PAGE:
By Del Quentin Wilber
Washington Post Staff Writer
Sunday, January 27, 2008; A01
For more than four hours, Doug Pinkham sat wedged in seat 19C of a Delta Air Lines jet as the plane inched its way through tarmac congestion caused by a winter storm that struck Atlanta’s international airport on a recent night.
His cellphone and laptop batteries died, preventing him from doing any work. He finished a book, then a crossword puzzle. Mostly, though, Pinkham just stared at the seat in front of him or chatted with his wife. The plane finally left for Washington at 2:55 a.m. — 7 1/2 hours late. Pinkham walked exhausted through his front door in Oakton at 5:30 a.m. Feeling fatigued, he skipped work that day, missing out on important meetings and phone calls. He estimated that his unexpected day off cost his nonprofit organization several thousand dollars.
“It’s not just the delay that kills you,” said Pinkham, president of the nonprofit Public Affairs Council in Washington. “It’s the lost productivity at work. It’s the missed meetings. It’s the fact I have to deal with losing sleep and going through that ordeal and the fact it took me a couple days to recover.”
While declining on-time performance rates have drawn the most public attention, an analysis of government data reveals another staggering toll of late flights: lost time and money.
During the first 11 months of last year, 1.6 million passenger flights were at least 15 minutes late. The total delay time added up to 170 years — up steadily from 98 years lost on 1 million flights during all of 2003. The average delay of a late flight has grown from 49 to 56 minutes during that period, the data show.
With the U.S. economy stumbling, regulators and lawmakers are turning their focus to the economic toll of such delays. In a speech to the Aero Club of Washington on Tuesday, Transportation Secretary Mary E. Peters estimated that flight delays cost the U.S. economy $15 billion a year. In an interview, she said she thought that figure was probably low.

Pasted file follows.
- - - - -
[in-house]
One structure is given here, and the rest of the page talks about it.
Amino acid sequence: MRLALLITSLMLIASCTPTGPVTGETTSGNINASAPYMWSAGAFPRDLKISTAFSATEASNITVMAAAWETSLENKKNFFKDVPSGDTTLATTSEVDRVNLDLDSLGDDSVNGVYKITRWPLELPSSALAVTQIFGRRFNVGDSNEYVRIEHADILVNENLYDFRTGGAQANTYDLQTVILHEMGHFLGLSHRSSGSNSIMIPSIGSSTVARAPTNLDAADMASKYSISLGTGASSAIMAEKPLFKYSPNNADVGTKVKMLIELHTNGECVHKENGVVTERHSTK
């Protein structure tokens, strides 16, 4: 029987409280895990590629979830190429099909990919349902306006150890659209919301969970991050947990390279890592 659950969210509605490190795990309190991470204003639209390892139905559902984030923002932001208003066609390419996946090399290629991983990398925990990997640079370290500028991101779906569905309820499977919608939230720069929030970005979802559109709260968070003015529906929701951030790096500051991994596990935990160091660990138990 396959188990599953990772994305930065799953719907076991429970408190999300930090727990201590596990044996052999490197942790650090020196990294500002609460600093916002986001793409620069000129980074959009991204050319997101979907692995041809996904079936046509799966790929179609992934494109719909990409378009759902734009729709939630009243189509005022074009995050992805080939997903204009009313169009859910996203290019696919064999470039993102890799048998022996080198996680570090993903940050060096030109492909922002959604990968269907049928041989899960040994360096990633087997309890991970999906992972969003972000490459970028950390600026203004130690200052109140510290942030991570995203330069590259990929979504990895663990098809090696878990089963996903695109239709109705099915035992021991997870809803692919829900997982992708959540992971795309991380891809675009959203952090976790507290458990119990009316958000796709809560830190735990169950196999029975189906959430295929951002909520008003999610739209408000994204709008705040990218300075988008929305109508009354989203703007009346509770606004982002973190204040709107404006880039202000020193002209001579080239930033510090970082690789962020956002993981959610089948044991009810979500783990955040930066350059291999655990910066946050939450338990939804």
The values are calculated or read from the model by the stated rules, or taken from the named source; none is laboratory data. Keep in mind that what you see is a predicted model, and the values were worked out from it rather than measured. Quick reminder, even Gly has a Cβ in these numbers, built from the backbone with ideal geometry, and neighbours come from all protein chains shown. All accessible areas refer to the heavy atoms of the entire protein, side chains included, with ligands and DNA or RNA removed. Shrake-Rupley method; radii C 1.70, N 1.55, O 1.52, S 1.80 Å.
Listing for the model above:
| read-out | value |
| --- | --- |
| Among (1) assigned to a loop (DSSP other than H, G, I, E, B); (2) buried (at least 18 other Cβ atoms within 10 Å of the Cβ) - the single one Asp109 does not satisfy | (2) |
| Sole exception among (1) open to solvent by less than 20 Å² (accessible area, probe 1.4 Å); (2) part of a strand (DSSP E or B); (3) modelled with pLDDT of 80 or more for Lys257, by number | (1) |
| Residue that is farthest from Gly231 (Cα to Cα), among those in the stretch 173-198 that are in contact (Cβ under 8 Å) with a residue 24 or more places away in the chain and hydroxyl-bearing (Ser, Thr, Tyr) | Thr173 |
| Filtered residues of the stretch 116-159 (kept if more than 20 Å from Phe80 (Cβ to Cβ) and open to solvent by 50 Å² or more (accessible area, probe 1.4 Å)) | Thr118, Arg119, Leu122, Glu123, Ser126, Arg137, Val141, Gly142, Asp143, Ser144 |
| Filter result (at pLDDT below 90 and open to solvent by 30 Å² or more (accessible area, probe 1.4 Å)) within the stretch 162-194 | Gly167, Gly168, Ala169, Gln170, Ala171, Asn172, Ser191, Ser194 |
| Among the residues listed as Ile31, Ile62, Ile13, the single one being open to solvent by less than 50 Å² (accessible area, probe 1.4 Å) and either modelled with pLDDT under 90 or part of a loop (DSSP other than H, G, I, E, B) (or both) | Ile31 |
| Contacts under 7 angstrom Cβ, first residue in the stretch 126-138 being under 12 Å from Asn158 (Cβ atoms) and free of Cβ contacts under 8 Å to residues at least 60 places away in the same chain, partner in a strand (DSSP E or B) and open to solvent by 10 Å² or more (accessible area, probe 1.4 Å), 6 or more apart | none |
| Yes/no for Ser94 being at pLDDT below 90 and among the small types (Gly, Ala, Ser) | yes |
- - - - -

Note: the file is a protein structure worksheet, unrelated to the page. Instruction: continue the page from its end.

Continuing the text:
“It is incredible,” Peters said. “It means a loss to our economy, a loss to our productivity; it also means a loss in quality of life.”
Peters, who often takes commercial flights, said delays can affect productivity even for passengers taking on-time flights.
The transportation secretary recently hopped on a 7 a.m. flight to New York to attend a 10 a.m. meeting with Mayor Michael Bloomberg. She said she could have taken a later flight but worried it might be delayed. In this instance, her flight arrived on time — compelling the nation’s top transportation official to mill about Gracie Mansion for an hour before she could see the mayor.
“It was absolutely not an efficient use of our time,” she said. “There were lots of other things I could and should have been doing.”
Fliers arriving at the nation’s busiest airport, Atlanta’s Hartsfield-Jackson International Airport, would probably agree. They endured the equivalent of 3,475 days of delay on late flights from January through November, according to an analysis of the latest data available from the Bureau of Transportation Statistics.
Passengers arriving at Chicago’s O’Hare International Airport lost more time: 4,619 days. The average late flight landed at O’Hare 62 minutes behind schedule.